On Monday, for the second time in less than a year, a federal appeals court ruled that Title VII forbids sexual orientation discrimination because it is a form of sex discrimination. This time, in Zarda v. Altitude Express, Inc. the Second Circuit overturned decades of precedent and ruled that Title VII’s ban on discrimination “because of . . . sex” encompasses discrimination based on sexual orientation. The decision is also an apparent rebuke of the position taken by the United States Department of Justice (contrary to the Equal Employment Opportunity Commission’s position) that sexual orientation discrimination was never intended to by Congress to be covered by Title VII. The issue is almost certainly headed to the Supreme Court in its next term.
In a carefully reasoned but ultimately restrained opinion the Seventh Circuit held that Title VII does not prohibit discrimination in employment on the basis of sexual orientation. While declining to become the first circuit court to extend Title VII to sexual orientation claims, the court acknowledged at length the persuasive force of a recent EEOC administrative decision and similar district court rulings noting the logical fallacy of enforcing Title VII’s protections against discrimination on the basis of gender nonconformity while permitting sexual orientation discrimination in the workplace to continue.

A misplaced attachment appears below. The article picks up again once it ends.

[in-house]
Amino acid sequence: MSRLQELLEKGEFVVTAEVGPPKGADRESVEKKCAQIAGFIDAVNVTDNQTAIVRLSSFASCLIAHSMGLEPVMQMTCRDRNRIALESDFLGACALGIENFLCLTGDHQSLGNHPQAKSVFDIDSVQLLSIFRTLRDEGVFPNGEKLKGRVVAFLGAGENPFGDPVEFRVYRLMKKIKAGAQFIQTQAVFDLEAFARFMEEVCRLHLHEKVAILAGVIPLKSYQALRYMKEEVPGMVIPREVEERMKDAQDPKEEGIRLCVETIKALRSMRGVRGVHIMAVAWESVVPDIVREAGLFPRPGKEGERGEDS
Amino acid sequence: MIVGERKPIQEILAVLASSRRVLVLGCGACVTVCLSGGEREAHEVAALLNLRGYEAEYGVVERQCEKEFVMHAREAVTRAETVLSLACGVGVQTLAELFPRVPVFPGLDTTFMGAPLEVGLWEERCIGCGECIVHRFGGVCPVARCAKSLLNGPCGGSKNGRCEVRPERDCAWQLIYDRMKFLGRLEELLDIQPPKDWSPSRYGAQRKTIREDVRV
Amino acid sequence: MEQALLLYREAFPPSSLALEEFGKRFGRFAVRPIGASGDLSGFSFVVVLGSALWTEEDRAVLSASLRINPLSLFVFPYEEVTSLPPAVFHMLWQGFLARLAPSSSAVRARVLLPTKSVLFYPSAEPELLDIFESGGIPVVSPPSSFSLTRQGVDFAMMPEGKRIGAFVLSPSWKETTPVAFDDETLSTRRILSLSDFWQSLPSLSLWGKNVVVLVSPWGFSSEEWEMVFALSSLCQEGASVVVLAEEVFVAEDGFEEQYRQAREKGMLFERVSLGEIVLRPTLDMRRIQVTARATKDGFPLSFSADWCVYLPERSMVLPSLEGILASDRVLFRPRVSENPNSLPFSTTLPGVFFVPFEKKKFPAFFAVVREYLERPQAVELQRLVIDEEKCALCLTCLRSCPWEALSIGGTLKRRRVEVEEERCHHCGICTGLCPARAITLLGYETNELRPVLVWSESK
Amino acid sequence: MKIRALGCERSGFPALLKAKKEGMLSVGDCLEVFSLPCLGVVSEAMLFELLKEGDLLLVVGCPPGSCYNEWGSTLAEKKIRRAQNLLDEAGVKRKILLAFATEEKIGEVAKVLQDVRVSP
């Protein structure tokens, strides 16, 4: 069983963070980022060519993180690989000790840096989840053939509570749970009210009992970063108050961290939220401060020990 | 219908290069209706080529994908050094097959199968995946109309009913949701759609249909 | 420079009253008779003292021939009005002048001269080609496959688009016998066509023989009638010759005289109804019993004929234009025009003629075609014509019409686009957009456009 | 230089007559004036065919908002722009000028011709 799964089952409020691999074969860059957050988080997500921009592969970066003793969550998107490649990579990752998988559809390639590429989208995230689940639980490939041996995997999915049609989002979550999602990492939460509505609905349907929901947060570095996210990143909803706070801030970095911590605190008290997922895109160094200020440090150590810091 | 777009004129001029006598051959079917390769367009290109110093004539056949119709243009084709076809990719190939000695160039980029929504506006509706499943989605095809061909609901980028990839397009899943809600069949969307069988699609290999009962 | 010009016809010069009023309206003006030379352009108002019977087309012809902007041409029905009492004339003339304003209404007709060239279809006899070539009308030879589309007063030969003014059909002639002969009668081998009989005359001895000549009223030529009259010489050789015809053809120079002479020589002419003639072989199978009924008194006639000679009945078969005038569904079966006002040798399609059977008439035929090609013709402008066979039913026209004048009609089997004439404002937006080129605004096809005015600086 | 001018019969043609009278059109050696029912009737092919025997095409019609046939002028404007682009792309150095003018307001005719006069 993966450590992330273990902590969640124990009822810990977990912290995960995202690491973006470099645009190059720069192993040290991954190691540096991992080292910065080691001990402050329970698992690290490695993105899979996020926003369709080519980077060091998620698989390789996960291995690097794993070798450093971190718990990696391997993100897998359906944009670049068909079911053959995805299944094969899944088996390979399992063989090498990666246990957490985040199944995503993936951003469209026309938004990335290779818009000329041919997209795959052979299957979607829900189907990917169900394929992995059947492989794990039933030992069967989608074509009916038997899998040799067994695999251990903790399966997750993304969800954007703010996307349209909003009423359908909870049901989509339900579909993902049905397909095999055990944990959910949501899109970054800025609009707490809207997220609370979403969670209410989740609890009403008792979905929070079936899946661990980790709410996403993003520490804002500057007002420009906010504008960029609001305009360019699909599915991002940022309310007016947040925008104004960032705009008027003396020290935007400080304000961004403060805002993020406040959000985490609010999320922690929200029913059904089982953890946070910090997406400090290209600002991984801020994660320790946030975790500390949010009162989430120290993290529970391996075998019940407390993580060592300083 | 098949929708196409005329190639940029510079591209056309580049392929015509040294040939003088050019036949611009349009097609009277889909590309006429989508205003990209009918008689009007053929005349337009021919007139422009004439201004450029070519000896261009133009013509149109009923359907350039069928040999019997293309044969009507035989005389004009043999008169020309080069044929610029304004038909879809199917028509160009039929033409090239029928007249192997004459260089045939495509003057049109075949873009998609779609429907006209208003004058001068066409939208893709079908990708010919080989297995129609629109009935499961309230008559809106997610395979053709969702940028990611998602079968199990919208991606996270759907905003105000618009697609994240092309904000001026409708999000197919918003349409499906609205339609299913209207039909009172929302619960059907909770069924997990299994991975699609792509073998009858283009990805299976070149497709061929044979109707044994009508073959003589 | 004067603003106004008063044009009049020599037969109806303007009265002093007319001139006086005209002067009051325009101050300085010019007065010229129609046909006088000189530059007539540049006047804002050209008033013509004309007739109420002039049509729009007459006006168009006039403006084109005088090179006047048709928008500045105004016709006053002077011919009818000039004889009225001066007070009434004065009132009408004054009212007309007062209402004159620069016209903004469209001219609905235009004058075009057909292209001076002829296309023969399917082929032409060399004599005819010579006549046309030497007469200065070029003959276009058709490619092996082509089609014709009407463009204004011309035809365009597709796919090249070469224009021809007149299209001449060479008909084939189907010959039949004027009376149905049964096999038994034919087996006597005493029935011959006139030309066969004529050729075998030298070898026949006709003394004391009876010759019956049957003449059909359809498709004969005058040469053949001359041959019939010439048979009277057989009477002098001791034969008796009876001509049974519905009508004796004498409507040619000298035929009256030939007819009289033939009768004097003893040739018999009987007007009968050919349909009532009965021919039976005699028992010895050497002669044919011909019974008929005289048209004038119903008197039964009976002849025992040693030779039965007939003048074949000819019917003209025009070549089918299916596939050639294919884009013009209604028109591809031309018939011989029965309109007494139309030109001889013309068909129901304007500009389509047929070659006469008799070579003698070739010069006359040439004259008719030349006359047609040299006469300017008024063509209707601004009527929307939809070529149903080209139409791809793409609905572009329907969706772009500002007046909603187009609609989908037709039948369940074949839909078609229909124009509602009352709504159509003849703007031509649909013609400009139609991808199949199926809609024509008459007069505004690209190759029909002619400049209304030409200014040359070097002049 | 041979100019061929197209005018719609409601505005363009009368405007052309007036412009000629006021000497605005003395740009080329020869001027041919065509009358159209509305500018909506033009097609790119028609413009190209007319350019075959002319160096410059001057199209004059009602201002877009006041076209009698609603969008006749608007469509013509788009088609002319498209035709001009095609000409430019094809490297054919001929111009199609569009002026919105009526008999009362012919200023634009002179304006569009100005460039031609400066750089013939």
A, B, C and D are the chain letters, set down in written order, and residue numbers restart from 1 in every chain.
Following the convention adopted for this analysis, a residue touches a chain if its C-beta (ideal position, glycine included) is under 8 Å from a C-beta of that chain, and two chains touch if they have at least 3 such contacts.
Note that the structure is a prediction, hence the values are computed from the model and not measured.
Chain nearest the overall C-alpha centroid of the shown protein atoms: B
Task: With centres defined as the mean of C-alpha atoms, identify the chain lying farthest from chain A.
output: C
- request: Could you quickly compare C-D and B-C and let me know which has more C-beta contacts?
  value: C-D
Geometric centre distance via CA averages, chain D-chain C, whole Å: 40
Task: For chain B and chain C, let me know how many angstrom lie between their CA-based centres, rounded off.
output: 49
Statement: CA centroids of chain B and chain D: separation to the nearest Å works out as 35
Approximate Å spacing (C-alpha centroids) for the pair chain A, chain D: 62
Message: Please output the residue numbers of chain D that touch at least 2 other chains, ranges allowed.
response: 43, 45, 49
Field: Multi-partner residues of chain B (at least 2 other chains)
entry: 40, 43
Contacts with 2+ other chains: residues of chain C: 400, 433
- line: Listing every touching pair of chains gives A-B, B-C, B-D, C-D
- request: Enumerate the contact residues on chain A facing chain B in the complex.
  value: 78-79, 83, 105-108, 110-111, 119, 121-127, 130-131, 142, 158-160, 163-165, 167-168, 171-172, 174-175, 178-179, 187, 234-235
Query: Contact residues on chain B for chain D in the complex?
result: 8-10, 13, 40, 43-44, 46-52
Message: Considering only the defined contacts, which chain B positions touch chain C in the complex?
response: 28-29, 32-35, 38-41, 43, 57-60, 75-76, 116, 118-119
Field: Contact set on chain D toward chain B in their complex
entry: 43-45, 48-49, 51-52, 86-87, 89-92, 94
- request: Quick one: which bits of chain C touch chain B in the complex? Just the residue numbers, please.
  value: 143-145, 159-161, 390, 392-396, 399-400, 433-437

This week, the U.S. Equal Employment Opportunity Commission filed its first lawsuits alleging sexual orientation discrimination under Title VII against employers in Pennsylvania and Maryland. In both cases, the EEOC seeks compensatory and punitive damages, as well as injunctive relief. The lawsuits are the latest step by the Commission to confirm its view that “sex” discrimination under Title VII encompasses discrimination based on sexual orientation.
In a sweeping decision, the U.S. Equal Employment Opportunity Commission found that Title VII prohibits sexual orientation-based discrimination. Although the statute does not explicitly include sexual orientation as a protected class, the statute does list “sex,” and the EEOC concluded “sexual orientation is inherently a ‘sex-based consideration,’ and an allegation of discrimination based on sexual orientation is necessarily an allegation of sex discrimination under Title VII.”